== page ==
Science News: Week of September 27, 2009

Our weekly compilation of science news for the week of September 27, 2009.

A step toward better brain implants using conducting polymer nanotubes: Brain implants that can more clearly record signals from surrounding neurons in rats have been created at the University of Michigan. The findings could eventually lead to more effective treatment of neurological disorders such as Parkinson’s disease and paralysis.

To read the study:

Abidian, M., Ludwig, K., Marzullo, T., Martin, D., & Kipke, D. (2009). Interfacing Conducting Polymer Nanotubes with the Central Nervous System: Chronic Neural Recording using Poly(3,4-ethylenedioxythiophene) Nanotubes Advanced Materials, 21 (37), 3764-3770 DOI: 10.1002/adma.200900887

Doctors hope to make artificial face: Doctors in Oregon say they hope to give a woman a new face to replace the one she lost to a shotgun blast when she was 16.

Excreted Tamiflu found in rivers: If birds hosting flu virus are exposed to the waterborne pollutant, they might develop drug-resistant strains, chemists worry.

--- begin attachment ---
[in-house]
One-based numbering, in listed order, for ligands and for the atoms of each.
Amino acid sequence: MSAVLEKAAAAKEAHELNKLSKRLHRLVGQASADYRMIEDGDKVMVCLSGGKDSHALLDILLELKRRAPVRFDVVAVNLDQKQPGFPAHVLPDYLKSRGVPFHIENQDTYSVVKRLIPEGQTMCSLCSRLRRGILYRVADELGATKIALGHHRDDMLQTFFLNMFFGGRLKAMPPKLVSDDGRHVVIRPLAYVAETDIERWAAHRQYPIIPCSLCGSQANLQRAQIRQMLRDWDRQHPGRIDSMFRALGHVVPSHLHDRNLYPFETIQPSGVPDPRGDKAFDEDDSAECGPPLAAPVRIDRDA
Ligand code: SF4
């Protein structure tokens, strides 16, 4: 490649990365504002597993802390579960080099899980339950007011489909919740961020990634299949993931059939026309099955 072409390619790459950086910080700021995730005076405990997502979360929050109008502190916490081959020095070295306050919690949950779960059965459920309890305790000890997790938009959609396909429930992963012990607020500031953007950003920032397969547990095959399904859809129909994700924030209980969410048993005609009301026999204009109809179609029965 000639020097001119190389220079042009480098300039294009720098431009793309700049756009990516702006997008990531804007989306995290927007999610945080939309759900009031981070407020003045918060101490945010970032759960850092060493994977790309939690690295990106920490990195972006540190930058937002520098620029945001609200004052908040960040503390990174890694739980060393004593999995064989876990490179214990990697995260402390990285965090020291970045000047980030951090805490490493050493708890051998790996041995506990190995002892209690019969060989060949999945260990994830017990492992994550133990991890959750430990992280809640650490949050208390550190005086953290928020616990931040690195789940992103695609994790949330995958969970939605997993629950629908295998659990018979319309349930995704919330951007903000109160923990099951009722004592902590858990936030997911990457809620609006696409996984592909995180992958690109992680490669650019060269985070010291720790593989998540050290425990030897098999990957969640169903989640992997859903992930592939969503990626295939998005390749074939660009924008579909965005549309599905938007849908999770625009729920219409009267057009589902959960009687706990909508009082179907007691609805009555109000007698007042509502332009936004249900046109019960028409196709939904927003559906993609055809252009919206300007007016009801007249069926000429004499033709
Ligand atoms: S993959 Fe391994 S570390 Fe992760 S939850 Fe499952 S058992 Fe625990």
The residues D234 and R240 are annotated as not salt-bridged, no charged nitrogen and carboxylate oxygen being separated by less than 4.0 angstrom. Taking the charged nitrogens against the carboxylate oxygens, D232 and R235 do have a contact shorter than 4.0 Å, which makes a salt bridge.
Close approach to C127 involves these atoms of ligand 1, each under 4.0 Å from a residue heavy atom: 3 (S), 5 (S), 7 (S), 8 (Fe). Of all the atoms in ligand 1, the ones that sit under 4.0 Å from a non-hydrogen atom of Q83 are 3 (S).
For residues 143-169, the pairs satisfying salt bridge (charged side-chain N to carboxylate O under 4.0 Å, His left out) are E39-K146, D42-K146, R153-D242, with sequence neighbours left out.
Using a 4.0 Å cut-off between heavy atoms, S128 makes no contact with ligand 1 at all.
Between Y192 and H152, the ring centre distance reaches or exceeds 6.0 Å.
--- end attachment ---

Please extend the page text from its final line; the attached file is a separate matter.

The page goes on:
Gut worms may protect against allergies: British and Vietnamese scientists say they’ve discovered parasitic gut worms, such as hookworms, might help prevent and treat asthma and other allergies.

Mystery solved: Marine microbe is source of rare nutrient: Trichodesmium has important role in nitrogen cycle and carbon sequestration.

Non-TB lung disease increasing in the U.S.: The U.S. National Institute of Allergy and Infectious Diseases says incidents of non-tuberculosis mycobacteria lung disease are increasing across the nation.

To read the study:

Billinger, M. (2009). Nontuberculous Mycobacteria–associated Lung Disease, United States in Hospitalized Persons, 1998–2005 Emerging Infectious Diseases DOI: 10.3201/eid1510.090196

People in vegetative state can learn: Patients in vegetative or minimally conscious states may not be able to speak for themselves or report that they are aware of their surroundings, but some can learn, according to a new study.

To read the study:

Bekinschtein, T., Shalom, D., Forcato, C., Herrera, M., Coleman, M., Manes, F., & Sigman, M. (2009). Classical conditioning in the vegetative and minimally conscious state Nature Neuroscience, 12 (10), 1343-1349 DOI: 10.1038/nn.2391